Like his sainted teacher, Hermann Sasse, Dr. Kleinig has championed the place of the Lord’s Supper not only in the church’s doctrine but also in practice and in piety. Two essays are devoted to the Sacrament of the Altar. Pastor Brent Kuhlmann treats readers to Luther’s confession of Jesus’ body and blood in “Da er sagt. Solchs thut! Dr. Luther’s Confession Regarding the Consecration in His 1528 Confession Concerning Christ’s Supper.” Dr. Kleinig’s brother, Pastor Vernon Kleinig, surveys how the benefits of the Sacrament were confessed in Lutheran Orthodoxy in “The Benefits of the Lord’s Supper in Seventeenth-Century Lutheranism.”

Like Luther, Dr. Kleinig knows that God comes to us deeply in the flesh, in the things of creation. Scott Murray’s essay on the “Resurrection of the Flesh” and Roger J. Humann’s “John 2:1-11—Water into Wine: A Sign of the Messianic Kingdom” both demonstrate the anti-gnostic theme so dominant in Dr. Kleinig’s theology and spirituality. A theologically astute layman in the Lutheran Church of Australia, and a medical doctor, Ian Hamer has provided a very helpful critique of the tendency toward autonomy in contrast to holiness in “From Autonomy to Holiness.”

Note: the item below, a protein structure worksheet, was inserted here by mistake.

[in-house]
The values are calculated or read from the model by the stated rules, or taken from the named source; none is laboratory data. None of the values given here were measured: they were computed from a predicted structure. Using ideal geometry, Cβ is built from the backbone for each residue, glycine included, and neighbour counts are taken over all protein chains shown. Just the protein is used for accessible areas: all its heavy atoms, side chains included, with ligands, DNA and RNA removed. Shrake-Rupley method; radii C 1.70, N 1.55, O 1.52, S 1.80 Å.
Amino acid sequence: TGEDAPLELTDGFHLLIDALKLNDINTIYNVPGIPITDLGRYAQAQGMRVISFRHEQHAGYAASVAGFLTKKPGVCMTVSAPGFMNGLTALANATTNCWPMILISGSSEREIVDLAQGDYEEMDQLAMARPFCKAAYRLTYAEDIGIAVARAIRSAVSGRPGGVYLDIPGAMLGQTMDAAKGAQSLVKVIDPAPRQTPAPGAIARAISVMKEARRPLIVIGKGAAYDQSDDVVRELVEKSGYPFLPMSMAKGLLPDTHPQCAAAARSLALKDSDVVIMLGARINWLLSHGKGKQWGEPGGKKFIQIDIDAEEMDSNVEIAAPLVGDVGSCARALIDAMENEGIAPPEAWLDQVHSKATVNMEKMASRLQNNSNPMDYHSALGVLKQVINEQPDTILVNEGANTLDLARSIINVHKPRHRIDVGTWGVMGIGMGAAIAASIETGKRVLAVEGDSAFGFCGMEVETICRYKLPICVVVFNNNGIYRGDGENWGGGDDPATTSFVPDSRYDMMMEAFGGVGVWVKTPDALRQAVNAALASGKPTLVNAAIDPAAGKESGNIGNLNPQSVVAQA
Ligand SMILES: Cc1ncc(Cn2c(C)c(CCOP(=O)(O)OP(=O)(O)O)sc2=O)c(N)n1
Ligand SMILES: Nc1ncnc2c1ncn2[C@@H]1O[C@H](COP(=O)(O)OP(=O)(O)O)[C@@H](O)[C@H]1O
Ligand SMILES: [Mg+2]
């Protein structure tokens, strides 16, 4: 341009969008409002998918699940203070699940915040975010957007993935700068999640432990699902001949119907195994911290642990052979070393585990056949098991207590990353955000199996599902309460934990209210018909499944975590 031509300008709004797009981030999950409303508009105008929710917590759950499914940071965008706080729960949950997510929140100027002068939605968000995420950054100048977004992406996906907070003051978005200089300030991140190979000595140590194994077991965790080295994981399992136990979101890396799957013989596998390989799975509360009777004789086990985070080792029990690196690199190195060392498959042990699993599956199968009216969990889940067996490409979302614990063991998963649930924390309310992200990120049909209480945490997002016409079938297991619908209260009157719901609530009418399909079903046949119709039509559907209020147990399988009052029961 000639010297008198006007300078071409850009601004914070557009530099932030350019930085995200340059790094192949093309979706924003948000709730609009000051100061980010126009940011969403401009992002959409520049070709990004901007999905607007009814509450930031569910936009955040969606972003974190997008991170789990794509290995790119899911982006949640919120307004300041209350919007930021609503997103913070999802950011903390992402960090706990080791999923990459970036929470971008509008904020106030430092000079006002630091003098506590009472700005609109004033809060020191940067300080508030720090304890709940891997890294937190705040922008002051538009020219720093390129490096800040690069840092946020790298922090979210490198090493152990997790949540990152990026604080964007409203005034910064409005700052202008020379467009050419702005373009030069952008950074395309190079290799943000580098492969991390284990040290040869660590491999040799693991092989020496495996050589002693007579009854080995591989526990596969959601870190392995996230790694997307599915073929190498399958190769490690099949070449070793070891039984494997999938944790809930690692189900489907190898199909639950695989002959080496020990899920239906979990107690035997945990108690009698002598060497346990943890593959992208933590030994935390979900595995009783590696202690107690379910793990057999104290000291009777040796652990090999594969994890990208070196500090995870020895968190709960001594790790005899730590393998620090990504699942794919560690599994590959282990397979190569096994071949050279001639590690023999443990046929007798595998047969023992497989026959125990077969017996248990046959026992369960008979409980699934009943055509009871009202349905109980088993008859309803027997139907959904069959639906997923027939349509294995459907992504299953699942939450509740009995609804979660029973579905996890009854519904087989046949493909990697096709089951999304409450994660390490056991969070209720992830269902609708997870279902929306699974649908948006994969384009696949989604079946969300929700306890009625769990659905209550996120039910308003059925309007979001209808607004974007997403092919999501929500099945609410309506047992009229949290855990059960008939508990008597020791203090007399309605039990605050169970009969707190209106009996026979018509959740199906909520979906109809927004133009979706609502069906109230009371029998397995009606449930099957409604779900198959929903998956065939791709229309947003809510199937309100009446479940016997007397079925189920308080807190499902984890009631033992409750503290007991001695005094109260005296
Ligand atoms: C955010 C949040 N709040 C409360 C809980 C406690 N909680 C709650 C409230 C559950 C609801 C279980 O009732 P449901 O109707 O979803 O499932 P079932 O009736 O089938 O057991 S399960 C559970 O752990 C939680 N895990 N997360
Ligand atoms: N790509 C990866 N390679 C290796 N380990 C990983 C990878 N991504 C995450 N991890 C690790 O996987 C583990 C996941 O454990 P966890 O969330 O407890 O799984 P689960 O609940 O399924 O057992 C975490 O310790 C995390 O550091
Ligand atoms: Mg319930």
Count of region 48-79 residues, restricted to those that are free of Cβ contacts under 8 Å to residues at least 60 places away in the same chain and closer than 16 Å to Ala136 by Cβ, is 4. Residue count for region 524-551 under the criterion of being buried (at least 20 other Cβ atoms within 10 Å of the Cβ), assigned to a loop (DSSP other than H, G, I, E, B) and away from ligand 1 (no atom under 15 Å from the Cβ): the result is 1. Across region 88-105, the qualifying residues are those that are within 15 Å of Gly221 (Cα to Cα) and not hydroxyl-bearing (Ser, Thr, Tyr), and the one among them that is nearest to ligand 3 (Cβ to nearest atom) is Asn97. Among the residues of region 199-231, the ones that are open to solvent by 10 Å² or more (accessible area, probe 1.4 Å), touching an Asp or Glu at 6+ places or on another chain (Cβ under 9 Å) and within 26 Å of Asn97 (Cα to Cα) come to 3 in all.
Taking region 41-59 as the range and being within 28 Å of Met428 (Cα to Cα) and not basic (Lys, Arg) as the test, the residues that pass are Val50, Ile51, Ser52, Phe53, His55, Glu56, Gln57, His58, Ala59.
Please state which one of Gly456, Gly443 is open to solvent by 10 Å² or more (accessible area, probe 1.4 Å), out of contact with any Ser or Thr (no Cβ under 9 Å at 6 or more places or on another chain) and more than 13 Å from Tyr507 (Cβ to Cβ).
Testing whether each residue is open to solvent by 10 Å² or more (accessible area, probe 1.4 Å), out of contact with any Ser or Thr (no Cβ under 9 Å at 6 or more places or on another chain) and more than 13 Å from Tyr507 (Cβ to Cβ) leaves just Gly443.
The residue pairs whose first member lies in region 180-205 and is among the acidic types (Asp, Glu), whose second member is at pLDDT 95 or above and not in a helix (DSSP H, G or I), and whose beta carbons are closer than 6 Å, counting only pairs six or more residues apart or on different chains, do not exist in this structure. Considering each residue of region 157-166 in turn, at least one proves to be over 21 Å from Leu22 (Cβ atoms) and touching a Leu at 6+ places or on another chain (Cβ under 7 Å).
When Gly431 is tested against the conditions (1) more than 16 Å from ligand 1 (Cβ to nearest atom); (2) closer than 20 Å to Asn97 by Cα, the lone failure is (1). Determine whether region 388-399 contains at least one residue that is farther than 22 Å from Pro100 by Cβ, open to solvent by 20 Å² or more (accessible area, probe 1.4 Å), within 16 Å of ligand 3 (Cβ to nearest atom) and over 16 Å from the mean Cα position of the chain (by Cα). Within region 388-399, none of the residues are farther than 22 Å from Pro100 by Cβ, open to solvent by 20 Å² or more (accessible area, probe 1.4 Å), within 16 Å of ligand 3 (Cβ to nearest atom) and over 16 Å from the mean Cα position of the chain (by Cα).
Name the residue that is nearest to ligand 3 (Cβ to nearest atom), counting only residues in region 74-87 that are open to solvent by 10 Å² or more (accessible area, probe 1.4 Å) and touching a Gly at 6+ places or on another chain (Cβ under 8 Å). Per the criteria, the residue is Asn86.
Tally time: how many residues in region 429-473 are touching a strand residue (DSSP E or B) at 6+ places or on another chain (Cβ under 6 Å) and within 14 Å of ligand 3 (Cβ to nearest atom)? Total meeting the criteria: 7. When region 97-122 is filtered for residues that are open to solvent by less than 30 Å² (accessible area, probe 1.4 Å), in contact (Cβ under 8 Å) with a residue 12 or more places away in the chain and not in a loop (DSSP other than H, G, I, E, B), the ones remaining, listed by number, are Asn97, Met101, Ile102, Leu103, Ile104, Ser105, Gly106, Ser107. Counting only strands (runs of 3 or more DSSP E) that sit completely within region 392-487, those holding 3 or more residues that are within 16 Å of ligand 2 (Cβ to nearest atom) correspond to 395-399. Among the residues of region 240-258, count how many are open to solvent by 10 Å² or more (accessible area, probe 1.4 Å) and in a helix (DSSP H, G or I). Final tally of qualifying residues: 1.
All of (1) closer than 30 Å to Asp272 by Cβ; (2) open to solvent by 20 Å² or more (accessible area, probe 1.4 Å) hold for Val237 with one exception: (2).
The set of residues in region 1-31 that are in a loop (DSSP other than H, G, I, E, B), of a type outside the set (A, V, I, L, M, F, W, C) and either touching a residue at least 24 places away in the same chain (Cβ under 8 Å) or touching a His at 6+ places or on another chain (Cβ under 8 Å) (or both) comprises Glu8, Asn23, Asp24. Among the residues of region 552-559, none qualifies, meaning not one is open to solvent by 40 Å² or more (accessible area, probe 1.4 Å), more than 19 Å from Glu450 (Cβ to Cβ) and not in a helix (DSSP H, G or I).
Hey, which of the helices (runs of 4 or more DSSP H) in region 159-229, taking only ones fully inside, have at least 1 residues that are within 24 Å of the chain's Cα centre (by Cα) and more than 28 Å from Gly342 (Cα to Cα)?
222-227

A former student, Adam G. Cooper, contributed a chapter on “Hierarchy, Humility, and Holiness: Ecclesial Rank in Dionysius the Areopagite.” Gregory P. Lockwood, a longtime friend and colleague of Dr. Kleinig on the faculty in Adelaide reflects on how peace is understood biblically in “Holiness and Wholeness: towards a Truly Holistic Understanding of ‘Peace’ in the Scriptures.”